A Time to Forgive
By Eva Thompson
The ornament stayed in my hand for several minutes. I read and reread the scrolled letters: “Our First Christmas together.” The Holy Spirit kept telling me this must be sent to Sue and John. I can’t buy this for them. The reality was that I wouldn’t. I placed it back on the shelf and wandered into another department of the store. Two more trips past the aisle of ornaments - two more rejections - and I went home.
That evening the thought came stronger: Give the ornament to Sue for Christmas. Since I had promised obedience to God, I finally said, “Yes, Lord.” At first my “yes” was only a formal submission, but later He turned that small crack in my heart into the joy of reconciliation. The next morning I went to the store and bought the ornament. God has a sense of humor and justice ? the ornament was no longer on sale.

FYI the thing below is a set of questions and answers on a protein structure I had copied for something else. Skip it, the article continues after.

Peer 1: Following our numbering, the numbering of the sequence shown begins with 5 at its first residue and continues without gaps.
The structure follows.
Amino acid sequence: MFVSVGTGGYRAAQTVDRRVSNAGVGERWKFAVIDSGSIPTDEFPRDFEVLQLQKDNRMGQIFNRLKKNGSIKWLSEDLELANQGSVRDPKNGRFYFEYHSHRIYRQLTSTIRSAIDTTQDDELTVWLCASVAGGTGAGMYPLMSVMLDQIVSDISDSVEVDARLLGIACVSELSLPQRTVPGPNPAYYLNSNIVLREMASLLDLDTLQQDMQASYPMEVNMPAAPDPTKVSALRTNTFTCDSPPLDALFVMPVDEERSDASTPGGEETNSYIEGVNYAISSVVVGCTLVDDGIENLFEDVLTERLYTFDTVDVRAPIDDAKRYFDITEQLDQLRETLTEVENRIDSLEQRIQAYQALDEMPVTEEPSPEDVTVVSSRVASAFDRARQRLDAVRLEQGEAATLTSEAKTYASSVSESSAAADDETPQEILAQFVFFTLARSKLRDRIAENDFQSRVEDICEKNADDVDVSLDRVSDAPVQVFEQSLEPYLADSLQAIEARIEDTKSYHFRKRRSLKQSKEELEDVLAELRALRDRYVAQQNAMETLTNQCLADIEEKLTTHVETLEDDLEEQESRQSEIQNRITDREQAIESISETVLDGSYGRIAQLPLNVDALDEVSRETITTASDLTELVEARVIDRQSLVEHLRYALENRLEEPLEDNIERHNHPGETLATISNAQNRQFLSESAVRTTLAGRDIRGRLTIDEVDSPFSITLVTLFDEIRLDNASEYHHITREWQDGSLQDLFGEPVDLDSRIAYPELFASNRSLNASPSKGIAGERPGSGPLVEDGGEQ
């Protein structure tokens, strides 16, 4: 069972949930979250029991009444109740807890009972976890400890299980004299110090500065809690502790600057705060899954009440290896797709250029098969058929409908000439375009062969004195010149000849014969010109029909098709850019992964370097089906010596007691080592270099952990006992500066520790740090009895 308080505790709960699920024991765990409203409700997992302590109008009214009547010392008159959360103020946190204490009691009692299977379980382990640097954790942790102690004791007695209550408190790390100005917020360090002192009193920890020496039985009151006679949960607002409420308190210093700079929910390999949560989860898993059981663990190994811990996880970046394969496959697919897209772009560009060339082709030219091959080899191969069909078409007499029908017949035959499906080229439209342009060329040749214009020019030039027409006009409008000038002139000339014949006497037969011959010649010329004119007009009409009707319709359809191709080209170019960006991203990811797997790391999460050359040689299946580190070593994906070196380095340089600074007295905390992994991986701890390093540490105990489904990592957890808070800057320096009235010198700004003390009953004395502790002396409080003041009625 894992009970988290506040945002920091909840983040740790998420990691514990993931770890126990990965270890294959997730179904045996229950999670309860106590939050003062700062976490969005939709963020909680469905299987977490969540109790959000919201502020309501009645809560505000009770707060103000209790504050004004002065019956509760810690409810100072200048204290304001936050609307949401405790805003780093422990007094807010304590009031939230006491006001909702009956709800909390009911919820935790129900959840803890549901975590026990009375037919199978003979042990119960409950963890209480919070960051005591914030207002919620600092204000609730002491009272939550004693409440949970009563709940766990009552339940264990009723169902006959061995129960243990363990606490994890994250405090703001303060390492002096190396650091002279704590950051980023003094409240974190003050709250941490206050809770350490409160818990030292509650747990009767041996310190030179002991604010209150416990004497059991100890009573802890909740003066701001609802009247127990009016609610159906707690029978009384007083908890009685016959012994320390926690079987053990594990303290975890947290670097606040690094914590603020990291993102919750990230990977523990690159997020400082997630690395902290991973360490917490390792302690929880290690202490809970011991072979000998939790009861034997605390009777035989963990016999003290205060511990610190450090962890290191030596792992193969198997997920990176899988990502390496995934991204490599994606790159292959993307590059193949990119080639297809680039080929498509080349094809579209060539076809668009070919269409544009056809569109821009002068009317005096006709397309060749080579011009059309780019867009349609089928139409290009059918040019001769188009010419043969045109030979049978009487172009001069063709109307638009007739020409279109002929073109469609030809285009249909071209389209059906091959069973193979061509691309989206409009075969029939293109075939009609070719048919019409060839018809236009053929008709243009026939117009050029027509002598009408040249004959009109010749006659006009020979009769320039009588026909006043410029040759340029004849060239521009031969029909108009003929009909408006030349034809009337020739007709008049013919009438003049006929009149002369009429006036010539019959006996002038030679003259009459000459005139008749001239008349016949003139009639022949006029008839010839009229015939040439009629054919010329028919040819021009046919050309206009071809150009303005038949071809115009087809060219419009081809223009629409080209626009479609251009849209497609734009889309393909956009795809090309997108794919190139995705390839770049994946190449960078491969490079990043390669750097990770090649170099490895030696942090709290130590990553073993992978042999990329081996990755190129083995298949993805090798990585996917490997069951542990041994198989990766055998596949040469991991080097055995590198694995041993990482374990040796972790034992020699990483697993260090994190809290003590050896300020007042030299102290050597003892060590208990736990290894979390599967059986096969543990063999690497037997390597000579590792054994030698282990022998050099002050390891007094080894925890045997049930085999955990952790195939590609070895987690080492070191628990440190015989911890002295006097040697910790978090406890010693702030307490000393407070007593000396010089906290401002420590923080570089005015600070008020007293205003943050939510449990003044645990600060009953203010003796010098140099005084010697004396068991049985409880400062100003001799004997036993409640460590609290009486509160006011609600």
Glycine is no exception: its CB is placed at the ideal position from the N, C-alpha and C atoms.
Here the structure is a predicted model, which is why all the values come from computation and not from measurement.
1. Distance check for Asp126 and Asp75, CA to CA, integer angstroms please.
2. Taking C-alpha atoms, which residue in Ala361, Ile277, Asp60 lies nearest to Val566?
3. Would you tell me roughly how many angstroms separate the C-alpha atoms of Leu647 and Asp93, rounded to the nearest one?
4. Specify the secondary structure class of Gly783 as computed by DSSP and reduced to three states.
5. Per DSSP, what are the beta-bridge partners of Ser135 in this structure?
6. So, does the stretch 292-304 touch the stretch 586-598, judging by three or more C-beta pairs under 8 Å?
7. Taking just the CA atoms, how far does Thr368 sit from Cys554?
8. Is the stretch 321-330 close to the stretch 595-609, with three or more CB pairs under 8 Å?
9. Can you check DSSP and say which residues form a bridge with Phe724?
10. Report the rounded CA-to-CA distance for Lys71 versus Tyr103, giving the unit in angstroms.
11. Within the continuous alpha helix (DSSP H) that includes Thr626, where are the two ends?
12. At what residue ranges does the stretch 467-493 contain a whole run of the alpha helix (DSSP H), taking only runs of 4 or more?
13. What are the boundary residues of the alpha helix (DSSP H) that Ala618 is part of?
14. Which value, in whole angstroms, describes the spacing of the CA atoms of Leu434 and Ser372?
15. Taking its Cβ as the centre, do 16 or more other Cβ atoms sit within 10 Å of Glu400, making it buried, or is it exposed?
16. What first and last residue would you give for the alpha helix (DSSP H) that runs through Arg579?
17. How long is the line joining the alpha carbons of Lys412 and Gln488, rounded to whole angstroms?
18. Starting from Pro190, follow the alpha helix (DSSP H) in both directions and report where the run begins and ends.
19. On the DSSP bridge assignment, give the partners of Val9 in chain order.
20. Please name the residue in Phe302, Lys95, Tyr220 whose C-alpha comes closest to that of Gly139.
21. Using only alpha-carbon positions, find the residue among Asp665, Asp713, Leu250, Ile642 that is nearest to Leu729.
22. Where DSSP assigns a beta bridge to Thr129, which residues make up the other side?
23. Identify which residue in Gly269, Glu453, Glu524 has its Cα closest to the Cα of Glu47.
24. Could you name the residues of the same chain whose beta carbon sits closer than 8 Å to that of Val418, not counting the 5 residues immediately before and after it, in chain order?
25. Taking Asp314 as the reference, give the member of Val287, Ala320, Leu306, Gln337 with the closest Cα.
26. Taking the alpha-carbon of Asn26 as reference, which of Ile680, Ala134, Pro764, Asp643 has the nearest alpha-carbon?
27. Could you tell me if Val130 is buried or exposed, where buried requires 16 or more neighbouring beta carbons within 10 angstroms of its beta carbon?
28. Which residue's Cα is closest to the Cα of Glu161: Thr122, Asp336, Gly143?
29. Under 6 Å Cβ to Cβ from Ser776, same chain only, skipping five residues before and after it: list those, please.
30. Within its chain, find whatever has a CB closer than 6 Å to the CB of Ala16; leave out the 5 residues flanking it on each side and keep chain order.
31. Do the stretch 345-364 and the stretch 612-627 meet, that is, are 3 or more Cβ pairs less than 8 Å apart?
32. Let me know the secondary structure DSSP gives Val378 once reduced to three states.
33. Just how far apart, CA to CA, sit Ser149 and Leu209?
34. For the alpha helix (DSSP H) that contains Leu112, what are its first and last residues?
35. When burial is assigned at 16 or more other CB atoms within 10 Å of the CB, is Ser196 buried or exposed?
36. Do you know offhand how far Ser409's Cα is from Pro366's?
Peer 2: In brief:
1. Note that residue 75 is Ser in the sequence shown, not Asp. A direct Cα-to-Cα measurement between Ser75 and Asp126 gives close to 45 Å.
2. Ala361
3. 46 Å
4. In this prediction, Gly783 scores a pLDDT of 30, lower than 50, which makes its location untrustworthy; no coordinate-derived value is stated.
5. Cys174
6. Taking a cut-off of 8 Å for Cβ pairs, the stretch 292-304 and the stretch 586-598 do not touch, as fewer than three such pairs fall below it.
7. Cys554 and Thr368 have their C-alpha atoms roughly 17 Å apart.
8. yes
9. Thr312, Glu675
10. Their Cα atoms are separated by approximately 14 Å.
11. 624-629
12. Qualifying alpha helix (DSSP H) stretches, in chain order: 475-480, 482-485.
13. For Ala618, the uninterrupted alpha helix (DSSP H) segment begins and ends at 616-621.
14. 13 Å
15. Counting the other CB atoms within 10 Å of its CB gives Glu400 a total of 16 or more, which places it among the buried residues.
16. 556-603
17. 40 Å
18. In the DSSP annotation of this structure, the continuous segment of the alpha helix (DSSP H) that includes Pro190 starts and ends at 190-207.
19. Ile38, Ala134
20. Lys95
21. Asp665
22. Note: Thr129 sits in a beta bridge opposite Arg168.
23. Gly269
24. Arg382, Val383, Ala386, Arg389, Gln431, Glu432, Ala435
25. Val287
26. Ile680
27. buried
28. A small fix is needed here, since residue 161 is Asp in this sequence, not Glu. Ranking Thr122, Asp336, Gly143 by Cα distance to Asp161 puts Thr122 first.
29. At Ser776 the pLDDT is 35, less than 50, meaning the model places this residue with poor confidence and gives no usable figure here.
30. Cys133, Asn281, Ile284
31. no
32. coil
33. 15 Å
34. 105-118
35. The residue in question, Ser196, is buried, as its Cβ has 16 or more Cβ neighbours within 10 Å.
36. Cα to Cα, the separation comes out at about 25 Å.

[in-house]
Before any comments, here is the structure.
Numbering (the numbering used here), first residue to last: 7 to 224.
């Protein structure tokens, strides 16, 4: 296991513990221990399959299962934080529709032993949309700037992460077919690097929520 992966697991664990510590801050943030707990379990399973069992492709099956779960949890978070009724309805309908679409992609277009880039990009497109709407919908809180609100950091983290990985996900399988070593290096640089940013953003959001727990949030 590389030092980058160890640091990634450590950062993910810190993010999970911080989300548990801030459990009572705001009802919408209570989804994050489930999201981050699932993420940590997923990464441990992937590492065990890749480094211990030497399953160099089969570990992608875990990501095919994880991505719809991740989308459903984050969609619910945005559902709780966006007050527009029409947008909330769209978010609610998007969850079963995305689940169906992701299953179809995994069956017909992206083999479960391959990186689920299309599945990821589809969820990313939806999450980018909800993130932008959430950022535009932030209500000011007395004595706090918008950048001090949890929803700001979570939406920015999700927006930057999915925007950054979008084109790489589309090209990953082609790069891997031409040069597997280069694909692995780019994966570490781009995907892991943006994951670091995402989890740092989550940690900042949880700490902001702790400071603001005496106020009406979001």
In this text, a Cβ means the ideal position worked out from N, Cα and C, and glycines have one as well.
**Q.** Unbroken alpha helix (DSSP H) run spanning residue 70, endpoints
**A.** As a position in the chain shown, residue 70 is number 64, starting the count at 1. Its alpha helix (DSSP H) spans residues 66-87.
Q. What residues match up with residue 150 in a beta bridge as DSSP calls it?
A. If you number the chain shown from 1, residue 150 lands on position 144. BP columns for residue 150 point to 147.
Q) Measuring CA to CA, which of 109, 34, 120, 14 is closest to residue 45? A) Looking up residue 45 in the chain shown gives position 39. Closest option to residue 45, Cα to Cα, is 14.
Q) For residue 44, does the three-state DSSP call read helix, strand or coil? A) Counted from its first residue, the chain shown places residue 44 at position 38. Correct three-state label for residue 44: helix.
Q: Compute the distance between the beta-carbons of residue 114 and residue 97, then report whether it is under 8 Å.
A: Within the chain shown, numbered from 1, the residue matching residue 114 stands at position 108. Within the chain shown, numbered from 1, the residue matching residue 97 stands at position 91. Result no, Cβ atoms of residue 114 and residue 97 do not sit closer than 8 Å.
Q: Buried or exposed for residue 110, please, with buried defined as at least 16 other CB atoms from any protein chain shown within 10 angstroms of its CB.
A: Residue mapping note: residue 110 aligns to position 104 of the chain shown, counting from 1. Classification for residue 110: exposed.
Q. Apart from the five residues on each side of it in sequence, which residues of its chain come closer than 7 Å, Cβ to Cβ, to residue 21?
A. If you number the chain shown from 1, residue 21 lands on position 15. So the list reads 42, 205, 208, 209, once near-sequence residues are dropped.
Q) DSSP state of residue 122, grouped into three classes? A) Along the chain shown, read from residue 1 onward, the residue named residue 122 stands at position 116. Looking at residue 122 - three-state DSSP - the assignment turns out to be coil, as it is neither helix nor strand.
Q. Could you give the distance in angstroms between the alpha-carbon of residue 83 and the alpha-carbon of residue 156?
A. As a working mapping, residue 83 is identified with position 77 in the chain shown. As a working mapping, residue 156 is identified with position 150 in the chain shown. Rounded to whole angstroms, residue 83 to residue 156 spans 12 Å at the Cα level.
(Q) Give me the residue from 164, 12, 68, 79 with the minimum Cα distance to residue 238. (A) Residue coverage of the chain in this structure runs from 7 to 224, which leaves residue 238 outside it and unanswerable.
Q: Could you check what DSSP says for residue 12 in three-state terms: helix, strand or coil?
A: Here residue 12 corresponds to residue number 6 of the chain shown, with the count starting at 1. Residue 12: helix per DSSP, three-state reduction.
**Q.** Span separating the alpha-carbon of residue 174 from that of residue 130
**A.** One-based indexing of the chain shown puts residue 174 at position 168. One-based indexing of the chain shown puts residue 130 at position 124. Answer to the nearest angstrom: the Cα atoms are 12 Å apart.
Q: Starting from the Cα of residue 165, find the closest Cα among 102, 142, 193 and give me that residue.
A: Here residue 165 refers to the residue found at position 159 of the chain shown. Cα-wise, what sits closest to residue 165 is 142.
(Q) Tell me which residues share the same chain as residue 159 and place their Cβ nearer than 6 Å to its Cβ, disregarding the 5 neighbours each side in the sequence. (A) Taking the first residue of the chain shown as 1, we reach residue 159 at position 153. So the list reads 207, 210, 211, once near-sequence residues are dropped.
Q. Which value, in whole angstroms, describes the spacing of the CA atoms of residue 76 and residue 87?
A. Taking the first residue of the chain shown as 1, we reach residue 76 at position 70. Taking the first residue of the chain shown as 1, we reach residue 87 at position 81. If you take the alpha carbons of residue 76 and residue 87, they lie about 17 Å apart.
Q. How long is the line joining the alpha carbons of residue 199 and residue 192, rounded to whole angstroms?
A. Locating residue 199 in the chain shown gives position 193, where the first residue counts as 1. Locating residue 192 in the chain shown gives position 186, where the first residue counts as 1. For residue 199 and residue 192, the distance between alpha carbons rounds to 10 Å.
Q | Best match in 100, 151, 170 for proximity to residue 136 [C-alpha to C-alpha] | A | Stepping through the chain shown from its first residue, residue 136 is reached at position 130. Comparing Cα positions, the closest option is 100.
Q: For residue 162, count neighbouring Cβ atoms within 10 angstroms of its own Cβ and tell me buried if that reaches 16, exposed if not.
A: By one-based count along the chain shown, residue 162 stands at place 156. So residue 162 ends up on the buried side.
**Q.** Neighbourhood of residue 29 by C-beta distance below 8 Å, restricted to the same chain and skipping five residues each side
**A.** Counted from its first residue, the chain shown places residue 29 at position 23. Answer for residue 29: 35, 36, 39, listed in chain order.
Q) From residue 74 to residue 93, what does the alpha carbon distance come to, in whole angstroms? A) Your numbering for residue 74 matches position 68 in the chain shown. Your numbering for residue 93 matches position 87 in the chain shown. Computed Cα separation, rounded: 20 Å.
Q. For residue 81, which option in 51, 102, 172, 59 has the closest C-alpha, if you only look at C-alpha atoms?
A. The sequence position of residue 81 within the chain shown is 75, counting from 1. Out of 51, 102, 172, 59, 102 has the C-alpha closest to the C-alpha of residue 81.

A Broken Body
I had grieved since the summer when Sue, my sister in Christ, my friend, and my neighbor, suddenly sold her home and left for northern Wisconsin, remarried, and then moved to Minnesota. She was angry because I had recently spoken with her about a possible area of sin she might be falling into. The elders had asked me to speak to her about her behavior and the biblical guidelines for a leader - a very difficult assignment.
We had enjoyed a close relationship since the day I introduced her to Jesus. But during that last conversation I watched the door close on our friendship. She backed up, her face became stern, and her words iced the room. It caught me totally unprepared because my husband and I had prayed and stayed through her salvation, growth in the Lord, the death of her Vietnam war-torn husband, and her marriage and sudden death of her second husband. To lose her as a friend felt like the death of a close family member. I grieved. However, I realized that there was something there beyond grief because I hesitated sending her that ornament. James 4:17 says, “Anyone, then, who knows the good he ought to do and doesn’t do it, sins.” I needed to do some soul searching.